Bloomsday Celebration in Wicklow Explores James Joyce’s Arboreal Themes in Ulysses

James Joyce, the renowned author of Ulysses, will be the focus of a special talk at the annual Bloomsday celebrations in Wicklow. Donal Magner and Brendan Lacey will delve into Joyce’s unique approach to trees and forestry in Ulysses during the event on Sunday, June 16 in Avondale, Rathdrum.

Titled ‘Arboreal Reality and Fantasy – from Barney Kiernan’s Pub to Avondale’, the talk will shed light on Joyce’s deep understanding of Ireland’s forest conservation efforts during the early 1900s. Trees play a significant role in Ulysses, reflecting the dire state of Irish forestry in 1904 when only one percent of the land was covered in forests.

Magner, the speaker, will explore Joyce’s depiction of the forest decline in Ulysses and connect it to the real-life efforts to revive Ireland’s forests at the time. The talk will highlight the importance of the State’s involvement in establishing a sustainable forestry program, especially following the destructive storm of 1903.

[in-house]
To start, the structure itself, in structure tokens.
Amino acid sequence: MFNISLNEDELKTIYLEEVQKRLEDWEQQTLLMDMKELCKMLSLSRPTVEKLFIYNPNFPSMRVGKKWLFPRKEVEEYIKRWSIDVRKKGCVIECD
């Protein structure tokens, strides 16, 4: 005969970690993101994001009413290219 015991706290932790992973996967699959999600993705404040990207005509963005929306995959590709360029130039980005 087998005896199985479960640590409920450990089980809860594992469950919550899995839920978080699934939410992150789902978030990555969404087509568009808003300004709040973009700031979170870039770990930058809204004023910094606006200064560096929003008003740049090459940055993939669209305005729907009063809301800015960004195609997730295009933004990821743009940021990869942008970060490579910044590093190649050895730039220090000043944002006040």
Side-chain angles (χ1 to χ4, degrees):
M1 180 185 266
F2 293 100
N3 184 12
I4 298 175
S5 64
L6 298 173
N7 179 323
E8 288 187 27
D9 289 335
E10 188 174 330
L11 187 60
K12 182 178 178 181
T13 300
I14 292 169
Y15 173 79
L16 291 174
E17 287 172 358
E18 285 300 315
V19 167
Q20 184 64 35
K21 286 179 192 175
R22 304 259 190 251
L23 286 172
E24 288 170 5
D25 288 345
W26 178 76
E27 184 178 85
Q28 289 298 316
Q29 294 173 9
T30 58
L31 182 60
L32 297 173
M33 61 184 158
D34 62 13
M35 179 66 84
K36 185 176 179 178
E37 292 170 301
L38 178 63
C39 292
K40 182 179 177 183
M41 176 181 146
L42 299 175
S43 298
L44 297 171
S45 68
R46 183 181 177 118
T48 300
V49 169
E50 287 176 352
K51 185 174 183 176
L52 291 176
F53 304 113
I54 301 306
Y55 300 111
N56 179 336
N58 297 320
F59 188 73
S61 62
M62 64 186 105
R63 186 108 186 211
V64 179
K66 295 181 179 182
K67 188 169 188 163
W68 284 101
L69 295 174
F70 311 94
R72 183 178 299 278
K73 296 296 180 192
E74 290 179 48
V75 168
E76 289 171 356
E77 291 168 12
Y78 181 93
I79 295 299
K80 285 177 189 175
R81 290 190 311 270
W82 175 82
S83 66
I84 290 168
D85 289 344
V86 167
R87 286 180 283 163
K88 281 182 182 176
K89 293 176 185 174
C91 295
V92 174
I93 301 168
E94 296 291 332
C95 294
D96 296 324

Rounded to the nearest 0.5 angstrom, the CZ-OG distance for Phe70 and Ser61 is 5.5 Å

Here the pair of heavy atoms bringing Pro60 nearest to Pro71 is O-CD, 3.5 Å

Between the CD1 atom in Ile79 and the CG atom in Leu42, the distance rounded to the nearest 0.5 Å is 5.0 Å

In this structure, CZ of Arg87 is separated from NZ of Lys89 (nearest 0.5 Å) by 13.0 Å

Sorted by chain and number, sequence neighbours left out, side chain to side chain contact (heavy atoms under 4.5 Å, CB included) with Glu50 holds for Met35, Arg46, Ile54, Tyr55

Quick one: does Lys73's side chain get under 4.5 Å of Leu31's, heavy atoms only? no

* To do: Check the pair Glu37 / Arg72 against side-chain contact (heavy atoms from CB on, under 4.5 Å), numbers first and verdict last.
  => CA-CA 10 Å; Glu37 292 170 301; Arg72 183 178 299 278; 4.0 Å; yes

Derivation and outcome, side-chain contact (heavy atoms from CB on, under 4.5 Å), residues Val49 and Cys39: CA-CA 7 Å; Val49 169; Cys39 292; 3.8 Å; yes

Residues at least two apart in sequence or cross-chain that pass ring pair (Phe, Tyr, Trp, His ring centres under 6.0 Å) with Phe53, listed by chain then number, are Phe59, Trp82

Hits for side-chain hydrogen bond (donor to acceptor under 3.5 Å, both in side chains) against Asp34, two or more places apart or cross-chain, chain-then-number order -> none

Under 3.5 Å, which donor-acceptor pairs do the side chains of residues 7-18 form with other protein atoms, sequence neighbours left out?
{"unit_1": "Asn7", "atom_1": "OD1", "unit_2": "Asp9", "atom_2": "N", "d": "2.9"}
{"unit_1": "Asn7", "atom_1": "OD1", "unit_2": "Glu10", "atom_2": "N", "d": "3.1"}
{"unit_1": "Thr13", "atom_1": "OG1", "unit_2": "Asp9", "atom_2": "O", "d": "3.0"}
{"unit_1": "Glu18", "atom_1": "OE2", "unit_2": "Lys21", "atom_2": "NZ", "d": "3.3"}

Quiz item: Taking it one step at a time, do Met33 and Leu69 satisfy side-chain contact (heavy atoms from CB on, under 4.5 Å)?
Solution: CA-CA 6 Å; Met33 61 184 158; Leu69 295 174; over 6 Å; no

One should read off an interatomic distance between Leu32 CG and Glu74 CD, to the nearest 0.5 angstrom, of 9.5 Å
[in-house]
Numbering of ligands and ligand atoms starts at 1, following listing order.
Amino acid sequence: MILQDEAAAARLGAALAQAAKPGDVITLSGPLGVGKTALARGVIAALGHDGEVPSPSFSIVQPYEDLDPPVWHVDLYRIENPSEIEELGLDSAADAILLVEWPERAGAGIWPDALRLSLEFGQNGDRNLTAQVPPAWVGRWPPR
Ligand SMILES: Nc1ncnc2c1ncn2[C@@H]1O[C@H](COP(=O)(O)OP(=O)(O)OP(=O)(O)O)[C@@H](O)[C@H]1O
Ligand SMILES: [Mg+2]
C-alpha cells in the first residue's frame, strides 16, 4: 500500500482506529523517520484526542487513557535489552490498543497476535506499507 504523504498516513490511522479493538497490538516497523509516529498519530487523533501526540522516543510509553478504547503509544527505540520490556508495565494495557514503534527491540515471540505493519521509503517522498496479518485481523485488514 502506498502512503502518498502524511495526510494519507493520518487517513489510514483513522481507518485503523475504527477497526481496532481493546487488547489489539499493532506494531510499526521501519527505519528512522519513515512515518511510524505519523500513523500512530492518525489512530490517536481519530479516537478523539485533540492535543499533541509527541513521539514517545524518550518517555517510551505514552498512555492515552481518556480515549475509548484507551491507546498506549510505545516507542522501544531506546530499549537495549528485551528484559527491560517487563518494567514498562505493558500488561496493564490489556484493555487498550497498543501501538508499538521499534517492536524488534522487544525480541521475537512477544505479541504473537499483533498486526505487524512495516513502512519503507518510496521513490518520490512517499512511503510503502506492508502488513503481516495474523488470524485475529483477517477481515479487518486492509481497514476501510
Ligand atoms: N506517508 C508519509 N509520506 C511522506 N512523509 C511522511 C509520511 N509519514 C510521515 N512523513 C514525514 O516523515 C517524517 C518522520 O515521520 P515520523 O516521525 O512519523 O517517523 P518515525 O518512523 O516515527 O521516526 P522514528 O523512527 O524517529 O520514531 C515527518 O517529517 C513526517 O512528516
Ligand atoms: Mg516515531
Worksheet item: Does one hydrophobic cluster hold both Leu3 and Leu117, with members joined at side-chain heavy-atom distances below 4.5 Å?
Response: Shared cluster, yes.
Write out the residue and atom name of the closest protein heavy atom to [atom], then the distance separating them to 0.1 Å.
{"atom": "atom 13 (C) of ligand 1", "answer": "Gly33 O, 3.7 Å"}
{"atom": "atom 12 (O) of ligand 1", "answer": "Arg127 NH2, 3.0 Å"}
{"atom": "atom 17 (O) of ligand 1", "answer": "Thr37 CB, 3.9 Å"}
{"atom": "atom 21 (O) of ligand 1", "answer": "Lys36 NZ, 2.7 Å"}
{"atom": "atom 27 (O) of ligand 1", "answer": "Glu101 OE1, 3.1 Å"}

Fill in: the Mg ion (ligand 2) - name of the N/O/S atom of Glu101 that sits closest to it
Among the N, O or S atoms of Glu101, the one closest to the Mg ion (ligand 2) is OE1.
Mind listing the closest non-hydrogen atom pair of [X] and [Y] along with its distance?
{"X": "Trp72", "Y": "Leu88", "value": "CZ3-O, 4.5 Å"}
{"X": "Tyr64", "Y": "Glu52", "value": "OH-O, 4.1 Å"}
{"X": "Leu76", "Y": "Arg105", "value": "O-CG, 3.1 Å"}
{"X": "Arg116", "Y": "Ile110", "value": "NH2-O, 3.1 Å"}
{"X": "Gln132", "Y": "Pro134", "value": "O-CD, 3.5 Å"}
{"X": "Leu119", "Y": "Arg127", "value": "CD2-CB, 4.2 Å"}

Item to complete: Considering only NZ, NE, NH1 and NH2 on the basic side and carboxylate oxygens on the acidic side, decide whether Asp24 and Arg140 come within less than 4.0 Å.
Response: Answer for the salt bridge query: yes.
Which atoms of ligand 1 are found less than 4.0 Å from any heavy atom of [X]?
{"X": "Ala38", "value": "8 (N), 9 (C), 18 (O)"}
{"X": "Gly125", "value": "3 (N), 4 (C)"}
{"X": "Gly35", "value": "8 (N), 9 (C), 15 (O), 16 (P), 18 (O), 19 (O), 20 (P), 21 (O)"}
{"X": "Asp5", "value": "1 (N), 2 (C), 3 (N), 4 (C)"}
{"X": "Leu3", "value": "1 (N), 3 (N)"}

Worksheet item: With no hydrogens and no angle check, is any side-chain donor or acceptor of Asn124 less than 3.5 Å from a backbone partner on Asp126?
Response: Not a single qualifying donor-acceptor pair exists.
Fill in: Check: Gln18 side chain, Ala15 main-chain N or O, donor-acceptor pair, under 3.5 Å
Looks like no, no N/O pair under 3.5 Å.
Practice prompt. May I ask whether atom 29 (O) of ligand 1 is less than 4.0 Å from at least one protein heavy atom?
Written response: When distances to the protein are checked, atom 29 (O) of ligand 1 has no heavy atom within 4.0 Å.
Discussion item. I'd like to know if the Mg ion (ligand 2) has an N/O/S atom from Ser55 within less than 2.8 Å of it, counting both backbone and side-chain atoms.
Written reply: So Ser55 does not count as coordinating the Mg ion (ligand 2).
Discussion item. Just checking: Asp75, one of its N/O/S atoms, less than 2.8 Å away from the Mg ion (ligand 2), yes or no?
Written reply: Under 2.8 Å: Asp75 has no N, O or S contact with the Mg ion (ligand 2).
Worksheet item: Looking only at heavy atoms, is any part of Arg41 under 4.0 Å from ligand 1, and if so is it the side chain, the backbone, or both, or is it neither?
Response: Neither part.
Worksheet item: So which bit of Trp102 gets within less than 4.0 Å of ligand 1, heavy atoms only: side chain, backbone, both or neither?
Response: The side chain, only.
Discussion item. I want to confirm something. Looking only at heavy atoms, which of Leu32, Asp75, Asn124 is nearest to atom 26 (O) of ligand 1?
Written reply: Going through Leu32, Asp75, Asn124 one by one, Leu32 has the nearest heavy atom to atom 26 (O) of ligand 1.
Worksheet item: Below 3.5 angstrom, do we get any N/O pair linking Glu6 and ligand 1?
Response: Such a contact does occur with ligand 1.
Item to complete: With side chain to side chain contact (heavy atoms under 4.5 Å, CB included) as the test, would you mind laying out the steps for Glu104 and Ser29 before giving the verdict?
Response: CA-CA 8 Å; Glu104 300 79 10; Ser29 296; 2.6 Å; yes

The narrative will also touch upon the visionary proposal by Professor John Nisbet, which shaped Ireland’s forest policy for years to come. The discussion will trace the progress of Irish forestry leading up to the publication of Ulysses in 1922, marking a significant period of recovery after the Civil War.

The event will take place at the Meeting House in Avondale, providing attendees with insights into Ireland’s forestry heritage and the ongoing efforts to preserve it. Admission is free, with a €5 parking charge at the venue. Join us on Sunday, June 16, at 11am to delve into the fascinating world of James Joyce and Irish forestry history.